The only thing we have to fear is fear
Irv Randolph | 11/1/2014, noon
When President Franklin D. Roosevelt assumed the presidency at the depth of the Great Depression he helped the American people regain faith in themselves when he asserted in his Inaugural Address, "the only thing we have to fear is fear itself."
President Barack Obama has tried to help the American people overcome their current fears of two major issues now dominating the news - the spread of the Ebola virus and the spread of Islamic State extremists.
Yet despite Obama’s efforts, a Washington Post poll found that 43 percent of Americans are "very worried" or "somewhat worried" that they or their immediate family members will contract Ebola. In a CNN poll, 45 percent described the Islamic State as a "very serious" threat.
The spread of Ebola in West Africa, and now into Dallas, has unfortunately stoked plenty of fears and misinformation about the virus.
To address these concerns, President Barack Obama has sought to quell nationwide fears about the deadly disease, and noted that the Centers for Disease Control and Prevention would be sending rapid response teams to any site within the U.S. where an Ebola diagnosis was made.
"I want people to understand that the dangers of you contracting Ebola, the dangers of a serious outbreak in this country are extraordinary low, but we are taking this very seriously at the highest levels of government," said Obama
Unfortunately the president’s calm, rational approach will not stop some elected officials and 24/7 media and Cable TV coverage from spreading misinformation and fear.
Sen. John McCain, R-Ariz., claimed recently that the isolated cases of Ebola in the United States directly contradict the assurances of Obama and his administration.
"We were told there would never be a case of Ebola in the United States," McCain said.
There is no evidence that the president or anyone in his administration ever made such a claim, according to PolitiFact, a nonpartisan fact checking website. “What officials and Obama have repeatedly said is that while there’s a chance an Ebola case could appear in the United States, the possibility of an outbreak is extremely low. McCain’s claim rates False”, said PolitiFact.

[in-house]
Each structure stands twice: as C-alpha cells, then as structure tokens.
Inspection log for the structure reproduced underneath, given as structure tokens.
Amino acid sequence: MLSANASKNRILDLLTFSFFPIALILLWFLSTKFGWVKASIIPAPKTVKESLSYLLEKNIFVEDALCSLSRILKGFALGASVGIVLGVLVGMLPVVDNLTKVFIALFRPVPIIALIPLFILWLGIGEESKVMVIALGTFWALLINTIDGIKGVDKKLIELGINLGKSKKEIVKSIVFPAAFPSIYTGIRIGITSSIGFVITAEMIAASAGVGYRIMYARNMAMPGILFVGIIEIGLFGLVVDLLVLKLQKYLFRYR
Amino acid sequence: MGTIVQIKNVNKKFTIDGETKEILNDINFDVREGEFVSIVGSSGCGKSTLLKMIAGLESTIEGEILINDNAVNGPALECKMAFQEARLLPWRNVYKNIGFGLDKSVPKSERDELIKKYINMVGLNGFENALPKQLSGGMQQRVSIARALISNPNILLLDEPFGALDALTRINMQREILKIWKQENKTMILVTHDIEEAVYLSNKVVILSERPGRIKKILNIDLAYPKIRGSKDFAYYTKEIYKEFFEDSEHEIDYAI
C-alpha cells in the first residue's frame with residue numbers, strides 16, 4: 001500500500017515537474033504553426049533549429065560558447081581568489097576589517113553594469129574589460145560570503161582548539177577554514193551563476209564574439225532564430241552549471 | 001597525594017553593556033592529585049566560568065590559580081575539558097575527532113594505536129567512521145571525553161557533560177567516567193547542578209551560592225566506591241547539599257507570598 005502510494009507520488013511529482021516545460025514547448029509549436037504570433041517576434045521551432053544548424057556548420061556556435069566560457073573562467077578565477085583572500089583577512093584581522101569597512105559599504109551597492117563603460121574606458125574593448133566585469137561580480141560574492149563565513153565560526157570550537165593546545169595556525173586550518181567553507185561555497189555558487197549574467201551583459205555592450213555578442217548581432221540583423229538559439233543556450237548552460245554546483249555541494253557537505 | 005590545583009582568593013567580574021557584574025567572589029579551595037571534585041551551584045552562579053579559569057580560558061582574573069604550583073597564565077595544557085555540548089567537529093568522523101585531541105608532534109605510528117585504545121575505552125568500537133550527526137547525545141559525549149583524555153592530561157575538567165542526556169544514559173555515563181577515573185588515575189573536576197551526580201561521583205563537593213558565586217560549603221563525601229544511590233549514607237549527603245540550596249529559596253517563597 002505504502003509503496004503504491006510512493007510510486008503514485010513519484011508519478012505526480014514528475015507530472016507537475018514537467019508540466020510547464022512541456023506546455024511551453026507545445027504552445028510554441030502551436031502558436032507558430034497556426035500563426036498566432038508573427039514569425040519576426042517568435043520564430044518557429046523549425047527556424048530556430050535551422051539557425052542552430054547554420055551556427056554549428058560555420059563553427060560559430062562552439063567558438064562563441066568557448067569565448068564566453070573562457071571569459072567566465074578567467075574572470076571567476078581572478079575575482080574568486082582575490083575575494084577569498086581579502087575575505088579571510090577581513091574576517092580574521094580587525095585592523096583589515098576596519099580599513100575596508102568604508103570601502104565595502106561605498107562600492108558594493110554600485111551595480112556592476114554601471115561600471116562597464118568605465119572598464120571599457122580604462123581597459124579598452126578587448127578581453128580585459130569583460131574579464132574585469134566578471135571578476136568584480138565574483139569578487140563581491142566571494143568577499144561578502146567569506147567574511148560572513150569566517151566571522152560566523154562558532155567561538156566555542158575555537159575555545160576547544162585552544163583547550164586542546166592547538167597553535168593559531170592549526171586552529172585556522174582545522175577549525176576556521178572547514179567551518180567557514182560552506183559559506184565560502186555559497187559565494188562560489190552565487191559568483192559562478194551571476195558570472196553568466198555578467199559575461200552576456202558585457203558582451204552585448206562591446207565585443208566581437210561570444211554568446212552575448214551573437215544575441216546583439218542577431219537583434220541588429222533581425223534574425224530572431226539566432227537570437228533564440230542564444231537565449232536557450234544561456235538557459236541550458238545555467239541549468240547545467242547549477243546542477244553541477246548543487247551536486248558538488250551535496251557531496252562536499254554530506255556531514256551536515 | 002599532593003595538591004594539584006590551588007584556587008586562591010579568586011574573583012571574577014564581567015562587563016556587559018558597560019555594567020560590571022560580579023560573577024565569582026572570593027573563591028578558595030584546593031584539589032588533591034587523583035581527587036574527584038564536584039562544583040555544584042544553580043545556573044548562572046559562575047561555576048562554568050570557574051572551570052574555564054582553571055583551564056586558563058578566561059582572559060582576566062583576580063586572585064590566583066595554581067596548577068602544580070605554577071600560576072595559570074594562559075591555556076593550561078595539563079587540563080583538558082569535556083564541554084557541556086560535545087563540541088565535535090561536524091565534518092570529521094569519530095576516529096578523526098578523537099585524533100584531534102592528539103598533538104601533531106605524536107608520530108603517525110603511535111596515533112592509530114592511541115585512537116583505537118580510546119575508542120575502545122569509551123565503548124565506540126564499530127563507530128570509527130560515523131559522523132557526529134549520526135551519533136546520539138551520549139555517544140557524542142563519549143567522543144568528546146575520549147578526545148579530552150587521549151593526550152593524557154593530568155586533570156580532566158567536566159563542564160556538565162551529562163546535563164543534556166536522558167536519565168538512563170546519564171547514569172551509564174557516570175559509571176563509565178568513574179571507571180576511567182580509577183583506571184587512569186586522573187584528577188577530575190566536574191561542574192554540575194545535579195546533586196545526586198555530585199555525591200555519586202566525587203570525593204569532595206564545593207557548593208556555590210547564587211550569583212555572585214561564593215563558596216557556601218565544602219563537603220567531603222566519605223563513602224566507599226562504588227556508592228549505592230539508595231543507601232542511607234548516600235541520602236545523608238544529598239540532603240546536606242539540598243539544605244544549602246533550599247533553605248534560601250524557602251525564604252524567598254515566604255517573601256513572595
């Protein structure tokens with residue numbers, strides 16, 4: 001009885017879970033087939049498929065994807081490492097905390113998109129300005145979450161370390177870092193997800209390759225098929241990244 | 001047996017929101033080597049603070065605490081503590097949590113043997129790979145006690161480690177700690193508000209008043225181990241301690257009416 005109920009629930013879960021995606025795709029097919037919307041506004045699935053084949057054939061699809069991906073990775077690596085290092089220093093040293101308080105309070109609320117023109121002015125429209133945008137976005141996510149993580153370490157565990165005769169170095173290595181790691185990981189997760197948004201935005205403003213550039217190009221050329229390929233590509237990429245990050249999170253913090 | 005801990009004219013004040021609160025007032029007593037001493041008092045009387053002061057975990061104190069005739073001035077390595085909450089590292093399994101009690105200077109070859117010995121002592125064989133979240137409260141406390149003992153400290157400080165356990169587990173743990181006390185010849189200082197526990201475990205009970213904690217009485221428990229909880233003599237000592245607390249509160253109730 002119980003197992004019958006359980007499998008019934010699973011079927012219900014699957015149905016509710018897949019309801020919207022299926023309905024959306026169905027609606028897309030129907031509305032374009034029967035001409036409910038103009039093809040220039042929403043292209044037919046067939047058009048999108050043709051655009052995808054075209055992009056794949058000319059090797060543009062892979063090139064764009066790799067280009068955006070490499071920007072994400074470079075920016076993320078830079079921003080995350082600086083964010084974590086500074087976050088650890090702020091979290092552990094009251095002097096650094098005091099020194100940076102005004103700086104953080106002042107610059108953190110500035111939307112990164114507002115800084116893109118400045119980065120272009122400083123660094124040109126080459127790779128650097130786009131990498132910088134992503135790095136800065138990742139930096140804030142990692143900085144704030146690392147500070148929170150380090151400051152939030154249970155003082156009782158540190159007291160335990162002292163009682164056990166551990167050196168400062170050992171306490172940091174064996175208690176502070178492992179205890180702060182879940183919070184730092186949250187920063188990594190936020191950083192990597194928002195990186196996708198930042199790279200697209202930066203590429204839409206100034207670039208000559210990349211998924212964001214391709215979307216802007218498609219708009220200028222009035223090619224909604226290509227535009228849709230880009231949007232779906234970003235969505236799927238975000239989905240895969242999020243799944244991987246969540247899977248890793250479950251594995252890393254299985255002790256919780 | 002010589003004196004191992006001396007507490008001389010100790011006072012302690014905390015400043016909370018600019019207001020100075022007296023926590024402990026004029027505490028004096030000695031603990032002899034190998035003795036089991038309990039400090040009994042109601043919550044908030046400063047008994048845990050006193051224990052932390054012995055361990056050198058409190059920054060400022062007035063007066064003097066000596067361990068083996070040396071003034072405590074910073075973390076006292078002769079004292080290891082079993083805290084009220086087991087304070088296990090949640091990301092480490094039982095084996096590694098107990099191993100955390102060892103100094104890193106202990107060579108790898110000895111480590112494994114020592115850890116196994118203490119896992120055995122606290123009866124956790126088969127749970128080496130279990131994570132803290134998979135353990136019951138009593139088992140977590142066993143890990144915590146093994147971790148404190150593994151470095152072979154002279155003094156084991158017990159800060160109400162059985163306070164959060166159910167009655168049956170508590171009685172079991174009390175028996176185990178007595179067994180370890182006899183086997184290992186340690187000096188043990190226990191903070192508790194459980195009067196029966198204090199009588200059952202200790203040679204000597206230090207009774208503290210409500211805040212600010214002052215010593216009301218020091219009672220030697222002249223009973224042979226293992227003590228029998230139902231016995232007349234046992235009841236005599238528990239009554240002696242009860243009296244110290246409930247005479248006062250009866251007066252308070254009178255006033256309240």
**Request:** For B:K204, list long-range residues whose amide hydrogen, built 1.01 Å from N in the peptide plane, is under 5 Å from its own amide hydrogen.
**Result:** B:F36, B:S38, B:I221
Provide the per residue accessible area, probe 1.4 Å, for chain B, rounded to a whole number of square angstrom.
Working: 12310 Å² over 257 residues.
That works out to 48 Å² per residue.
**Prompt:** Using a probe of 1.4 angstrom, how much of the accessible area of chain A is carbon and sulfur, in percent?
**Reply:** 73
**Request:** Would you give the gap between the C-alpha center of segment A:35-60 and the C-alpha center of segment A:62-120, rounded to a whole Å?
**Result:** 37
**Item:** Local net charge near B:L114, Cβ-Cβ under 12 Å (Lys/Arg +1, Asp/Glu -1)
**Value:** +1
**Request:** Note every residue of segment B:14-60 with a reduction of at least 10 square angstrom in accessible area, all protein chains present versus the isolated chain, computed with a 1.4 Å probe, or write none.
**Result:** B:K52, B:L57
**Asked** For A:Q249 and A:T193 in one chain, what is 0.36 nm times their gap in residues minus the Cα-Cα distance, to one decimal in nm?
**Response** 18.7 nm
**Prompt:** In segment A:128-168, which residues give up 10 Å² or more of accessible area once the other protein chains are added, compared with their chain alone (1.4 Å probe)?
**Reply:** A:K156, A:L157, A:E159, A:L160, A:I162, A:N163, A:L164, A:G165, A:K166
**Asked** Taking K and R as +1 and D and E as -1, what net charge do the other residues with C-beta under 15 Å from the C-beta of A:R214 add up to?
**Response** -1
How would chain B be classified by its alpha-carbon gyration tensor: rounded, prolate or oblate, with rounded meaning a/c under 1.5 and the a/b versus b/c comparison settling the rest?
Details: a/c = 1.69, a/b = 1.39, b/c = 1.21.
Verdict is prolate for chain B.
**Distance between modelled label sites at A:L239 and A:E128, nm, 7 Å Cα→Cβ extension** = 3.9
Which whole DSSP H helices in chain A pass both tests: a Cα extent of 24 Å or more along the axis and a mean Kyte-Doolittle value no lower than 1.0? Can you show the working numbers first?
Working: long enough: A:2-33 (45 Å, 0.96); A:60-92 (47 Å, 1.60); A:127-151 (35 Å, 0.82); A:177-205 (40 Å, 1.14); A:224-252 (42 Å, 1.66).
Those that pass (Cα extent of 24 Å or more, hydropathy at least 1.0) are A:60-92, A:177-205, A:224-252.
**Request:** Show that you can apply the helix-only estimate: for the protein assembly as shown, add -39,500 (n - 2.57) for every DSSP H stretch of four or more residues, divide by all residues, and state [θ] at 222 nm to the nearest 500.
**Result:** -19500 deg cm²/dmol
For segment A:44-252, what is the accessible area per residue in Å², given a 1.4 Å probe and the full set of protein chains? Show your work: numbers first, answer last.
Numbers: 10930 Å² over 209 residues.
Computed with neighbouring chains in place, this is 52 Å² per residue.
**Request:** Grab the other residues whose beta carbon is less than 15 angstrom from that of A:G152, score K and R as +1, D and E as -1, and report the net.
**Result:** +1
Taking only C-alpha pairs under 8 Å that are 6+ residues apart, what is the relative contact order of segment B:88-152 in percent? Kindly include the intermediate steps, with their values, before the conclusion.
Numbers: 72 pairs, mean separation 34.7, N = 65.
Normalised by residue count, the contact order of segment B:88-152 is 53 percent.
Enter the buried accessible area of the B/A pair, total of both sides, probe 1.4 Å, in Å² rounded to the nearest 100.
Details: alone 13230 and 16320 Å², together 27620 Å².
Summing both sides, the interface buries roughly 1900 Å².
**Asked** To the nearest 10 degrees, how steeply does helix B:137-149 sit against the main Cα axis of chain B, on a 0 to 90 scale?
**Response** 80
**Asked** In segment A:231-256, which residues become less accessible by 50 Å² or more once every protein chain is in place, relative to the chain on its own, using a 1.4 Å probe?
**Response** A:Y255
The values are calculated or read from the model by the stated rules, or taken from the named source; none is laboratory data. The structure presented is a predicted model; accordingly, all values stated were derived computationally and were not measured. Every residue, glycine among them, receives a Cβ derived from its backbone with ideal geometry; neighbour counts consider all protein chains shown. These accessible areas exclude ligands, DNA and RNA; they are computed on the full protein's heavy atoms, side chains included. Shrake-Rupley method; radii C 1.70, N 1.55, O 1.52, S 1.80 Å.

Public fears increased after the infection of two Dallas nurses who treated Thomas Eric Duncan, who died of Ebola. This indicates that Ebola can spread even when serious precautions are taken. If you work in a hospital you are understandably concerned.
But this does not mean that Ebola is a significant risk to most Americans.
It is important to remember that Ebola is actually hard to get because it requires physical contact with the bodily fluids of someone who is not only infected but symptomatic. It's not a new virus, and the methods required to contain it are well-known—though not always easy to implement in poor countries that do not have the medical infrastructure of the United States.
Another issue in the news that has increased American anxiety is the military effort by the al-Qaida splinter group known as ISIS that is seeking to control a region stretching from southern Turkey through Syria to Egypt (also including Lebanon, Israel, the Palestinian territories and Jordan). The group’s stated goal is to restore a hard-line Sunni Islamic state, or caliphate, in this entire area.
If you listen to our politicians and pundits, ISIS is close to taking over the entire Middle East and launching a terrorist attack on the United States any day now.
Are we really to believe that the most powerful military in the world and its allies including Muslim nations can’t destroy these Islamic extremists? At present, ISIS isn’t even strong enough to topple the severely weakened governments of Iraq and Syria.
This is not to say that the Ebola virus and the Islamic State aren’t real dangers. They are. But they are not insurmountable and they pose no serious threat to most Americans.
What we really have to fear is being in a perpetual state of panic based on misinformation and oversaturation by the media. The real danger is that a frightened public may support policies and laws that would curtail the human rights of others as well as our own civil rights and liberties because of unfounded and misguided fears.
Irv Randolph is the editor and co-publisher of South Jersey Journal.